Vertical federated learning (VFL) leverages various privacy-preserving algorithms, e.g., homomorphic encryption or secret sharing based SecureBoost, to ensure data privacy. However, these algorithms all require a semi-honest secure definition, which raises concerns in real-world applications. In this paper, we present Aegis, a trusted, automatic, and accurate verification framework to verify the security of VFL jobs. Aegis is separated from local parties to ensure the security of the framework. Furthermore, it automatically adapts to evolving VFL algorithms by defining the VFL job as a finite state machine to uniformly verify different algorithms and reproduce the entire job to provide more accurate verification. We implement and evaluate Aegis with different threat models on financial and medical datasets. Evaluation results show that: 1) Aegis can detect 95% threat models, and 2) it provides fine-grained verification results within 84% of the total VFL job time.


Statistically Near-Optimal Hypothesis Selection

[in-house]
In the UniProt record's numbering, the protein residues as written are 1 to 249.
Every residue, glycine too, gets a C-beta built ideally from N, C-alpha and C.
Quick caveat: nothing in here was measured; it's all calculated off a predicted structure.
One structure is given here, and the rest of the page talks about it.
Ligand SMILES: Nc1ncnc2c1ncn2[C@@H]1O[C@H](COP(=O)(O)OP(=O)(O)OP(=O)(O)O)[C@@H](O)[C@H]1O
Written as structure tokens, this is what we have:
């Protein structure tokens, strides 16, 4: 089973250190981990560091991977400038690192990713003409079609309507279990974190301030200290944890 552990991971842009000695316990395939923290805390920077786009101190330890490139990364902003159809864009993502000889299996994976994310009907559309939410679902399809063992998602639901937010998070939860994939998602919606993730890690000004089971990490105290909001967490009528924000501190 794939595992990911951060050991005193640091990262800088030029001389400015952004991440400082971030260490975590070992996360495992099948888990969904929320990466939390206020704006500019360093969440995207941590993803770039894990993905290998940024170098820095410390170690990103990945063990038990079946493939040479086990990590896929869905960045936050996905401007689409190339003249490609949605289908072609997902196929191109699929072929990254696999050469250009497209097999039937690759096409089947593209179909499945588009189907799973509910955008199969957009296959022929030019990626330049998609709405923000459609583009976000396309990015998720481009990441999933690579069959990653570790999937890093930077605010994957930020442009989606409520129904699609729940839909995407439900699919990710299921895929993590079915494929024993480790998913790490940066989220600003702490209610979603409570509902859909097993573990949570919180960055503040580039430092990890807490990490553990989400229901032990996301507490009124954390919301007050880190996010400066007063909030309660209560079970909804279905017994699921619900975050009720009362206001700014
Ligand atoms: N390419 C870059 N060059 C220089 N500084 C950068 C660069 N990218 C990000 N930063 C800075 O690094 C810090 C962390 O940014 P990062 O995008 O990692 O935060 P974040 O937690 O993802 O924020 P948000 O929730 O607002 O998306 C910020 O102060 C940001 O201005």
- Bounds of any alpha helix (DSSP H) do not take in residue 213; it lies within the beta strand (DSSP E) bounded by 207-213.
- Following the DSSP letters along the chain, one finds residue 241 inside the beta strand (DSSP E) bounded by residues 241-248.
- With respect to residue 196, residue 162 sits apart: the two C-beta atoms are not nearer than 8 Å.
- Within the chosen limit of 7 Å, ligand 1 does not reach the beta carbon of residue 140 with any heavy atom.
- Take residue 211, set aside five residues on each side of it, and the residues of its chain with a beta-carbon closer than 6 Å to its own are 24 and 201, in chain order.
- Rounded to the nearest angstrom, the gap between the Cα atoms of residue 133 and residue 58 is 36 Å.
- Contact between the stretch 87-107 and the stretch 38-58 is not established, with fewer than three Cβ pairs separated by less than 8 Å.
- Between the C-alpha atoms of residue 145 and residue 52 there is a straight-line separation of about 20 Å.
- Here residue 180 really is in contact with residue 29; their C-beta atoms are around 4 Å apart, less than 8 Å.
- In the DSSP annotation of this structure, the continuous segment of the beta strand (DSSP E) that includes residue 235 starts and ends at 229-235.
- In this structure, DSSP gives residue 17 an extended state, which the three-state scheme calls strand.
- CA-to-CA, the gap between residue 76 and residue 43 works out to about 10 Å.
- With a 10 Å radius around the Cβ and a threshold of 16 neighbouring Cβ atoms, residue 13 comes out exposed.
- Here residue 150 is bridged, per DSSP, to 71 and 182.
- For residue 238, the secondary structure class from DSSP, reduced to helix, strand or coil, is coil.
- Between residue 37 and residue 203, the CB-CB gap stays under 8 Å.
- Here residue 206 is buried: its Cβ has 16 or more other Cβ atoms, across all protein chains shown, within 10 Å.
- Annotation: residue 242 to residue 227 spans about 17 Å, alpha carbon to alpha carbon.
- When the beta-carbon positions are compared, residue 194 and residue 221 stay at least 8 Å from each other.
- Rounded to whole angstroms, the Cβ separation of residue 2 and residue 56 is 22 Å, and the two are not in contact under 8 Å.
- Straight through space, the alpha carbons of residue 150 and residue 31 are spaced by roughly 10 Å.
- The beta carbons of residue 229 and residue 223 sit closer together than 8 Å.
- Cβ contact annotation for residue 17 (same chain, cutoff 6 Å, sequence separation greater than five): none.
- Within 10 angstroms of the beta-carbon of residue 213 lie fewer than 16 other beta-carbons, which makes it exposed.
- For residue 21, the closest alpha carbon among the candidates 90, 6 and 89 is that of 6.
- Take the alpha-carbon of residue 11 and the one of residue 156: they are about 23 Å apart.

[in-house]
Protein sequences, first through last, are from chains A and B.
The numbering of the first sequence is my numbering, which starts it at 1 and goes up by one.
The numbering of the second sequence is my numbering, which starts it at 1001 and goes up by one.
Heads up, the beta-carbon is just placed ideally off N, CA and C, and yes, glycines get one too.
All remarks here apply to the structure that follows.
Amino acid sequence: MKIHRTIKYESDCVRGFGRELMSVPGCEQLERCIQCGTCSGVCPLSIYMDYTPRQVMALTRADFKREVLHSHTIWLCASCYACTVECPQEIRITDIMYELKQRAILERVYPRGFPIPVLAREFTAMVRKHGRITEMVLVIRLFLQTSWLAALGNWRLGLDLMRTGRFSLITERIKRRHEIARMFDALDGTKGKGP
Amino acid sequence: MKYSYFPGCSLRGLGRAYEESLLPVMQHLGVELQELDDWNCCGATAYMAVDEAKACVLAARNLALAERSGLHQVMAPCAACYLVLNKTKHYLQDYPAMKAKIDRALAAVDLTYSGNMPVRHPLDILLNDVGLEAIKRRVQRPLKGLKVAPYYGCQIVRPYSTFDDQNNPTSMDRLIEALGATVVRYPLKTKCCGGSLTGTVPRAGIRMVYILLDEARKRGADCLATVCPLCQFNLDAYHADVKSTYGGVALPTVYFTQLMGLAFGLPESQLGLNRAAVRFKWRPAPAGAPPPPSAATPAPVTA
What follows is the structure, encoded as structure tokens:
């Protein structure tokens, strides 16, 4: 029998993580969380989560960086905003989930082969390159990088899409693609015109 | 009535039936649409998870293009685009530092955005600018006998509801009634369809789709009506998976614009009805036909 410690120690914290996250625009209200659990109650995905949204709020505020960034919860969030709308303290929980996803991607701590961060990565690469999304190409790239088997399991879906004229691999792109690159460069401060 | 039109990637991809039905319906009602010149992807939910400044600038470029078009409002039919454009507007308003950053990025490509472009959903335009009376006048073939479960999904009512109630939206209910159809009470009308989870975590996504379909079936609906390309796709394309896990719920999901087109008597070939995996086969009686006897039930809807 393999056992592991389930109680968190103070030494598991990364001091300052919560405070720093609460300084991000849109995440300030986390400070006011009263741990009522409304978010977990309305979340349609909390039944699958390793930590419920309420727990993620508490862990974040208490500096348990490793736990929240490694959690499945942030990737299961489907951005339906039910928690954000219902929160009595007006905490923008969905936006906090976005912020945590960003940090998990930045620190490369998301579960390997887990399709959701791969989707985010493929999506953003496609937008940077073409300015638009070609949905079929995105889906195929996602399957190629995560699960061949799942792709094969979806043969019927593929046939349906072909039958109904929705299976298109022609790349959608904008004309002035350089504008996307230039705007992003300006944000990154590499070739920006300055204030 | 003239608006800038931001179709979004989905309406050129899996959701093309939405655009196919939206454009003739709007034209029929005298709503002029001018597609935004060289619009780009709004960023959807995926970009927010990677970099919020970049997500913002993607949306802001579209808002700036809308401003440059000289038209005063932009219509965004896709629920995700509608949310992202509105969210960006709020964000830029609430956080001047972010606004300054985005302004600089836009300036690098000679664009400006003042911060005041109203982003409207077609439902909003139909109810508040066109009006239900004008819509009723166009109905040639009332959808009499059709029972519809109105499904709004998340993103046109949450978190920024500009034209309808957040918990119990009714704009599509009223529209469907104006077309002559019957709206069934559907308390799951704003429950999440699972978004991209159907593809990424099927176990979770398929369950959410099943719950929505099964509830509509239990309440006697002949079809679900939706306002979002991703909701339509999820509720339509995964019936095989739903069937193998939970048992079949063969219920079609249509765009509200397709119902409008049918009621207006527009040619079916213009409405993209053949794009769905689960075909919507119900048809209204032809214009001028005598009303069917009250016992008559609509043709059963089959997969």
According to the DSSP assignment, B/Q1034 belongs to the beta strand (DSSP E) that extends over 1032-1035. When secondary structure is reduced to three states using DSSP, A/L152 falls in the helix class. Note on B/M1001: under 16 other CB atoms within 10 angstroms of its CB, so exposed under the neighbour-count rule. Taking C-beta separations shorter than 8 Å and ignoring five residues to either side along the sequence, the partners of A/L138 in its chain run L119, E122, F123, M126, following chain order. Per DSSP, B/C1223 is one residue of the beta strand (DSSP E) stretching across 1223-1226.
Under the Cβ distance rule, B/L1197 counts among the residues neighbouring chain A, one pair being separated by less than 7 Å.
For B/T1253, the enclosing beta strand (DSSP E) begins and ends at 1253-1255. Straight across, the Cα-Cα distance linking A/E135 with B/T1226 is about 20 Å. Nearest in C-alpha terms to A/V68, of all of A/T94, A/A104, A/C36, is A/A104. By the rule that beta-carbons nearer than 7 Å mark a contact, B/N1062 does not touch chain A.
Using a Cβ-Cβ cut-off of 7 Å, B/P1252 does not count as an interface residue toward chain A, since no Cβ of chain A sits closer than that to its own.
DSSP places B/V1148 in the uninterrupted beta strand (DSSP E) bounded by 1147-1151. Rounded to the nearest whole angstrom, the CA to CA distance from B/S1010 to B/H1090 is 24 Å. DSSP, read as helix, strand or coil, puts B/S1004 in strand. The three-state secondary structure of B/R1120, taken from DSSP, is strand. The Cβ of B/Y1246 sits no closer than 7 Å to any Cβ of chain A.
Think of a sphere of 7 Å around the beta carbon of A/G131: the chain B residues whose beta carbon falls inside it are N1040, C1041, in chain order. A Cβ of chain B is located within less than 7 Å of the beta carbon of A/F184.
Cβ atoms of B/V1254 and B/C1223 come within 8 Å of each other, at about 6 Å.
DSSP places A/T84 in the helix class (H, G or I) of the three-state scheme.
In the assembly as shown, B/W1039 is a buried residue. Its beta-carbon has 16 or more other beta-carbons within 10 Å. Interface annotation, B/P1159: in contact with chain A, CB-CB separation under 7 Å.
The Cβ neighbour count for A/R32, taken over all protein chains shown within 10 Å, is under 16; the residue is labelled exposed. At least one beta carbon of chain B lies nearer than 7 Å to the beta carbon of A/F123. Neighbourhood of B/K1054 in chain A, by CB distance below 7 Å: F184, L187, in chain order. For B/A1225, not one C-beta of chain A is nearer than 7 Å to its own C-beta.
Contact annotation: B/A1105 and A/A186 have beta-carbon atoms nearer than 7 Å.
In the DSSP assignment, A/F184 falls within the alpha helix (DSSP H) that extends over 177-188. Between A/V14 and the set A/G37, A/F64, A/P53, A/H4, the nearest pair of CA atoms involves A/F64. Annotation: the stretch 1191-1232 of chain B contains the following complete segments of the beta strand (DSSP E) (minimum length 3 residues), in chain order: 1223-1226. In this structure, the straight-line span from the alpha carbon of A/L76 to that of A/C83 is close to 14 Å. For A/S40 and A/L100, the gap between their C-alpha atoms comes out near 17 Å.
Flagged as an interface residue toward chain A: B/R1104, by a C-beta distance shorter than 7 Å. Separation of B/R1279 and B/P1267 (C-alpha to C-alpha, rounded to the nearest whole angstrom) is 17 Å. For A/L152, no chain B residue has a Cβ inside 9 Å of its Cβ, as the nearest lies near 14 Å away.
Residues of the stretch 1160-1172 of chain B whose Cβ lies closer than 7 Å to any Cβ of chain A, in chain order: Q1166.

arXiv.org Artificial Intelligence

Hypothesis Selection is a fundamental distribution learning problem where given a comparator-class $Q=\{q_1,\ldots, q_n\}$ of distributions, and a sampling access to an unknown target distribution $p$, the goal is to output a distribution $q$ such that $\mathsf{TV}(p,q)$ is close to $opt$, where $opt = \min_i\{\mathsf{TV}(p,q_i)\}$ and $\mathsf{TV}(\cdot, \cdot)$ denotes the total-variation distance. Despite the fact that this problem has been studied since the 19th century, its complexity in terms of basic resources, such as number of samples and approximation guarantees, remains unsettled (this is discussed, e.g., in the charming book by Devroye and Lugosi `00). This is in stark contrast with other (younger) learning settings, such as PAC learning, for which these complexities are well understood. We derive an optimal $2$-approximation learning strategy for the Hypothesis Selection problem, outputting $q$ such that $\mathsf{TV}(p,q) \leq2 \cdot opt + \eps$, with a (nearly) optimal sample complexity of~$\tilde O(\log n/\epsilon^2)$. This is the first algorithm that simultaneously achieves the best approximation factor and sample complexity: previously, Bousquet, Kane, and Moran (COLT `19) gave a learner achieving the optimal $2$-approximation, but with an exponentially worse sample complexity of $\tilde O(\sqrt{n}/\epsilon^{2.5})$, and Yatracos~(Annals of Statistics `85) gave a learner with optimal sample complexity of $O(\log n /\epsilon^2)$ but with a sub-optimal approximation factor of $3$.


Making machine learning trustworthy

Science